White House weighs accepting Gaza Palestinians as refugees amid Israel-Hamas conflict

By Majesty 5 Min Read

Amid the current Middle East conflict between Israel and Hamas, the Biden administration is contemplating accepting certain Palestinians as refugees into the United States. These individuals are trying to flee war-torn Gaza.

Based on internal federal government documents, CBS News has learned that senior officials from multiple federal U.S. agencies have been debating the specifics of possible options to accept Palestinians from Gaza who have immediate family members who are citizens or permanent residents of the United States in recent weeks.

The records disclose that one proposal calls for the admission of Palestinians with U.S. links who have fled Gaza and entered neighbouring Egypt through the U.S. Refugee Admissions Programme.

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According to the documents, U.S. officials have also thought about accepting more Palestinians who have left Gaza and are processing them as refugees if they have American relations. Coordination with Egypt would be necessary for this plan to be implemented, as it has thus far shown little interest in accepting a sizable influx of Gaza residents.

A person from Gaza could be granted refugee status in the United States, which entails permanent residency, resettlement benefits like housing assistance, and a route to citizenship in the country, if they successfully complete a series of eligibility, medical, and security checks.

While it is anticipated that very few persons will be qualified, some Palestinians hoping to flee the Israel-Hamas conflict may find that the planned plans provide them a lifeline.

This comes amid estimates of over 34,000 dead, over 77,000 injured, and hundreds of thousands of displaced residents in Gaza, according to the Health Ministry of the Hamas-run government.

On October 7, terrorists from Hamas carried out an unexpected attack on Israel that resulted in the deaths of over 1,200 people and Israeli military reprisal. Additionally, around 200 people were abducted by Hamas, many of whom are still being held captive.

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A White House spokeswoman told Fox News, “Since the beginning of the conflict, the United States has helped more than 1,800 American citizens and their families leave Gaza, many of whom have come to the United States.” “At President Biden’s direction, we have also helped, and will continue to help, some particularly vulnerable individuals, such as children with serious health problems and children who were receiving treatment for cancer, get out of harm’s way and receive care at nearby hospitals in the region.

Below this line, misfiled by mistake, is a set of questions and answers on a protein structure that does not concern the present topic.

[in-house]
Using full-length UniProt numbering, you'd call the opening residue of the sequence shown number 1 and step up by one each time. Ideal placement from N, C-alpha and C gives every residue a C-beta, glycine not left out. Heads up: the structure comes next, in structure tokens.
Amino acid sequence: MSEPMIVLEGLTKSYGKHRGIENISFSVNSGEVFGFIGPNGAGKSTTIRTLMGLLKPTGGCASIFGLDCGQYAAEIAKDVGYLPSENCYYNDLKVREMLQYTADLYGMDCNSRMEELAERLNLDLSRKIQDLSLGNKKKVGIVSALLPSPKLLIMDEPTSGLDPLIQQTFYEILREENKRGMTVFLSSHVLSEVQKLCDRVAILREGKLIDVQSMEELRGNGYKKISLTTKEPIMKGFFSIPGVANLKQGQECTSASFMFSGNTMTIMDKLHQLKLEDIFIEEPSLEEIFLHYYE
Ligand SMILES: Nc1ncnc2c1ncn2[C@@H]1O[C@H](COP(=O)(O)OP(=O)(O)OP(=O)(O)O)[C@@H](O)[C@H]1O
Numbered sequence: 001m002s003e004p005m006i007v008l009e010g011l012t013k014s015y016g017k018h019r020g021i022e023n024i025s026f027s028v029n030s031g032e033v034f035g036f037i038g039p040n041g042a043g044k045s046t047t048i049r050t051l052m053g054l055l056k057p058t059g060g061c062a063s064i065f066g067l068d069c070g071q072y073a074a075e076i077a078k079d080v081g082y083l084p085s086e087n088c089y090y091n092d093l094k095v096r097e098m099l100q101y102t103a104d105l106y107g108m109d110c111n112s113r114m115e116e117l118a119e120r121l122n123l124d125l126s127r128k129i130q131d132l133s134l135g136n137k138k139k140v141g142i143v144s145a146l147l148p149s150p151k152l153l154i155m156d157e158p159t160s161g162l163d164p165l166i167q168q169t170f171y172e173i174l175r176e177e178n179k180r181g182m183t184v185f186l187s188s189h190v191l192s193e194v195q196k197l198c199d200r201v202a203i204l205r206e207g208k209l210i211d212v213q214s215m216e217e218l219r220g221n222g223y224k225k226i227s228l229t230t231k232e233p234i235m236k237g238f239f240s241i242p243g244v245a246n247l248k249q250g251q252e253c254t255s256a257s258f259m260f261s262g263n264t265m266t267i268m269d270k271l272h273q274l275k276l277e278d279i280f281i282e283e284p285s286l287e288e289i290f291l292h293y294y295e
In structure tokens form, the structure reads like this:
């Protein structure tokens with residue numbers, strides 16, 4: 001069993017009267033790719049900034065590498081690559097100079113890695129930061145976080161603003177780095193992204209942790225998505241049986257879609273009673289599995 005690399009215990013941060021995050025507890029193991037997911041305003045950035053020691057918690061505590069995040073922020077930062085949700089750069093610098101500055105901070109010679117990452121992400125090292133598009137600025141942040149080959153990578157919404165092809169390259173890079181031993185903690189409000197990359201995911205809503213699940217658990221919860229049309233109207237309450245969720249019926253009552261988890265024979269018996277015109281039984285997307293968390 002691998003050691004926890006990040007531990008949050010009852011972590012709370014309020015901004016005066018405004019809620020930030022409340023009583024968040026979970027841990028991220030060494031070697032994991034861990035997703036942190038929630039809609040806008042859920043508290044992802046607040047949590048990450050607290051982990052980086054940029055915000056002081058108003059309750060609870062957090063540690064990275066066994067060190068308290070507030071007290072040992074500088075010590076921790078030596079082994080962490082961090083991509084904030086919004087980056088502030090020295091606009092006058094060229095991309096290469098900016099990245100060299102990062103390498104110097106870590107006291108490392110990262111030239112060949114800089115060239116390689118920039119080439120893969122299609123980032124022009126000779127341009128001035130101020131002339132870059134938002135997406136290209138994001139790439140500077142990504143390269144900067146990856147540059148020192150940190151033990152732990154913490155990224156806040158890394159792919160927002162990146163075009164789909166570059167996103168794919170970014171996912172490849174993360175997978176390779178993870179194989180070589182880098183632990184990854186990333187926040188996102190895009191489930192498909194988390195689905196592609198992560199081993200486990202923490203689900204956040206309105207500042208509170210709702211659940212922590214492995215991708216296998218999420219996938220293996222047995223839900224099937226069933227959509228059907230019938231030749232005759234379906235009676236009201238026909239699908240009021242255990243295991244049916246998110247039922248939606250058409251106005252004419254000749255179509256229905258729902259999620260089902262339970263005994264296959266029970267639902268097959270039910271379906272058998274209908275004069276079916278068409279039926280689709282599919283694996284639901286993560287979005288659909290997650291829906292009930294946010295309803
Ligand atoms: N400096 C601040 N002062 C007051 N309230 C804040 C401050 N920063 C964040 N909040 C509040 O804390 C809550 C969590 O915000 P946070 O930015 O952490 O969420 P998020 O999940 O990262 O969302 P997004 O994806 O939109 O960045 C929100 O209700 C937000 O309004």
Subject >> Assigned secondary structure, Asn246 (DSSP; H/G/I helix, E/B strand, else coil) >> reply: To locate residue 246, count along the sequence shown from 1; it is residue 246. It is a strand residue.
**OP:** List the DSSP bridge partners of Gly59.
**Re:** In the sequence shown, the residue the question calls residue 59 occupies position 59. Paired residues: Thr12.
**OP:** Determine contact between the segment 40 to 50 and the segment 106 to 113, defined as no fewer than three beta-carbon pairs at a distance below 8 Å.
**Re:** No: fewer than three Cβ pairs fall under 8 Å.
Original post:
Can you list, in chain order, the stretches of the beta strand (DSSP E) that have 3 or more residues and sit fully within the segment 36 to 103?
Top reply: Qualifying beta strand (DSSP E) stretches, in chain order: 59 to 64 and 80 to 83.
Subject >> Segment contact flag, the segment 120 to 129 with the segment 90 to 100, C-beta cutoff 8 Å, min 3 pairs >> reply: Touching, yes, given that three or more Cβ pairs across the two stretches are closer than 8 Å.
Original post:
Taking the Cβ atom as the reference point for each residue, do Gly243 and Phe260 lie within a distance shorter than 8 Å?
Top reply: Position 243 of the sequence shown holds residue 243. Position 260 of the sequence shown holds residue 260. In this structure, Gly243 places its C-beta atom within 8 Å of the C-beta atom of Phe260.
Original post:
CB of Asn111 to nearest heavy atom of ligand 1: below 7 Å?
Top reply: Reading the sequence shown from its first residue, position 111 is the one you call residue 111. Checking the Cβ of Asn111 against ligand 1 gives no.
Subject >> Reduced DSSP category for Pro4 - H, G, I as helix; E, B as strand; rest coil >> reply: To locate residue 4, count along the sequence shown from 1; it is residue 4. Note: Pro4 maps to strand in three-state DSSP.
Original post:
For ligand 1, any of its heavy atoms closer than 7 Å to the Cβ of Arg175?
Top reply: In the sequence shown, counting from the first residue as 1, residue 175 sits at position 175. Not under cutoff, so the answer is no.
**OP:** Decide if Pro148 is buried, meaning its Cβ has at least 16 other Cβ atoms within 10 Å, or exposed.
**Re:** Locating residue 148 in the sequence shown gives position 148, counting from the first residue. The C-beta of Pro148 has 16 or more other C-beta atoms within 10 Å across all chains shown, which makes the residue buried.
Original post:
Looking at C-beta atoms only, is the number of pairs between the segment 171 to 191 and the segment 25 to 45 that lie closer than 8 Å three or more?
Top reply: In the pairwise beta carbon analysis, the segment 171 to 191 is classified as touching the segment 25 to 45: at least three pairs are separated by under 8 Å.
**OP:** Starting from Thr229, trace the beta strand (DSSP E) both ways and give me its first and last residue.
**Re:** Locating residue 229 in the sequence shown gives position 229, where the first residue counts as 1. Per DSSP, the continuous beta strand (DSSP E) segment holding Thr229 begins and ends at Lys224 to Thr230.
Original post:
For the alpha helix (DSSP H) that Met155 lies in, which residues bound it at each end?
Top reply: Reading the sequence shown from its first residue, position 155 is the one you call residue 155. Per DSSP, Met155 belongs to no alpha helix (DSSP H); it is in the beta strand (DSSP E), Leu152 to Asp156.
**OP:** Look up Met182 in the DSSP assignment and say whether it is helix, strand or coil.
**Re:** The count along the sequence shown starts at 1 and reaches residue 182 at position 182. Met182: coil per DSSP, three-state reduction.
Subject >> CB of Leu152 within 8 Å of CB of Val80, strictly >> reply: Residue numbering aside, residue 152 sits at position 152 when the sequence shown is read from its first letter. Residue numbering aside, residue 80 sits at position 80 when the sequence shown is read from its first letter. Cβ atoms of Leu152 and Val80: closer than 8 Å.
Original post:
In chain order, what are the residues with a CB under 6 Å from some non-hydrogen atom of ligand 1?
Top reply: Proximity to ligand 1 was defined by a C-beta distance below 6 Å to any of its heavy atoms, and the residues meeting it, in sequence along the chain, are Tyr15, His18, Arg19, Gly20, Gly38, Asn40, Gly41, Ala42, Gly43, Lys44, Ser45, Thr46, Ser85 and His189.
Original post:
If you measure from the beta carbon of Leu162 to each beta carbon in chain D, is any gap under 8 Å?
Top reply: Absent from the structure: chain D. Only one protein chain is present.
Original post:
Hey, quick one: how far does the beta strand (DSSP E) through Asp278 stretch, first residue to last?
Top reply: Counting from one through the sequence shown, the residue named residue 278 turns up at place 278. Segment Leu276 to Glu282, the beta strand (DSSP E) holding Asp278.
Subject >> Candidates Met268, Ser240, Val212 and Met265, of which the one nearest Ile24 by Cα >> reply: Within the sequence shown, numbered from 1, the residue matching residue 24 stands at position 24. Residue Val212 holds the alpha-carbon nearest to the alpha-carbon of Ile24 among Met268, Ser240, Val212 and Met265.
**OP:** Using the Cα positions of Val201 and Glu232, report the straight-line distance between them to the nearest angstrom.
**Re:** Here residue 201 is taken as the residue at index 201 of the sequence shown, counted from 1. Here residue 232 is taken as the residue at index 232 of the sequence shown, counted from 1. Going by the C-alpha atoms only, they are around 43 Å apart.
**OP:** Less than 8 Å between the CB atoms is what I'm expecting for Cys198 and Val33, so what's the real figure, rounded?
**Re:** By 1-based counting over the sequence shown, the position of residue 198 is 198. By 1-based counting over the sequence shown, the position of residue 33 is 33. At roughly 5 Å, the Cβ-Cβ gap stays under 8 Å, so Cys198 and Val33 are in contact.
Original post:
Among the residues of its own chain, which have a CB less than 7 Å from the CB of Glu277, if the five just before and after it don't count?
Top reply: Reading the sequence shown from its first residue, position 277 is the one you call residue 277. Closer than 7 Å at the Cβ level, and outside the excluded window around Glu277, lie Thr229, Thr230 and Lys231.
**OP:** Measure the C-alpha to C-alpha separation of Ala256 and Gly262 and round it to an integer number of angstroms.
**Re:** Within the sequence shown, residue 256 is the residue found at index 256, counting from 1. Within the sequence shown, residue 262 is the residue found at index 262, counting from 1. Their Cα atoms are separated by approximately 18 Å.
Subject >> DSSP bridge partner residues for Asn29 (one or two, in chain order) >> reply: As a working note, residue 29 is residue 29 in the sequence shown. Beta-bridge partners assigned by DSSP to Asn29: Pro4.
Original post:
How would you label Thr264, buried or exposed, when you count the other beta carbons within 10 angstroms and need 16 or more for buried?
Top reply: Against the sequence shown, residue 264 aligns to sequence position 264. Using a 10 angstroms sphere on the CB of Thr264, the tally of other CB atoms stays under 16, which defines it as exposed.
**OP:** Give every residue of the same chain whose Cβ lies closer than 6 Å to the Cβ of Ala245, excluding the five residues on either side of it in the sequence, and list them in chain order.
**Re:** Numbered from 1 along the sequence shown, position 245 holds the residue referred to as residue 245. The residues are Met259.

In order to reduce the terrible circumstances in Gaza, the United States continues to be the major donor of humanitarian aid. “We are working hard to get more desperately needed aid into the hands of more people as soon as possible,” the spokesperson said. Additionally, we have consistently and unequivocally stated that the United States opposes any steps that would result in the forcible eviction of Palestinians from Gaza or the West Bank or in the redrawing of Gaza’s borders. The best course of action is to reach a long-lasting cease-fire through a hostage negotiation, which will calm the situation and open the door to a two-state resolution.”

White House weighs accepting Gaza Palestinians as refugees amid Israel-Hamas conflict

Additionally, the suggestions follow President Biden’s February letter on deferred enforced departure for those Palestinians who were already in the U.S

The proposal to relocate some Palestinians to the United States would be a departure from long-standing American government policy and practice, as the programme has not resettled a significant number of Palestinians since its establishment in 1980.

Less than 600 of the more than 400,000 refugees the United States has resettled in the last ten years are Palestinians fleeing violence and conflict abroad. Out of the almost 60,000 refugees resettled in the United States in fiscal year 2023, the State Department reports that 56 Palestinian refugees were accepted.

In order to be granted entry into the United States as a refugee, applicants must demonstrate that they are escaping persecution due to specific characteristics, such as their nationality, religion, or political beliefs.

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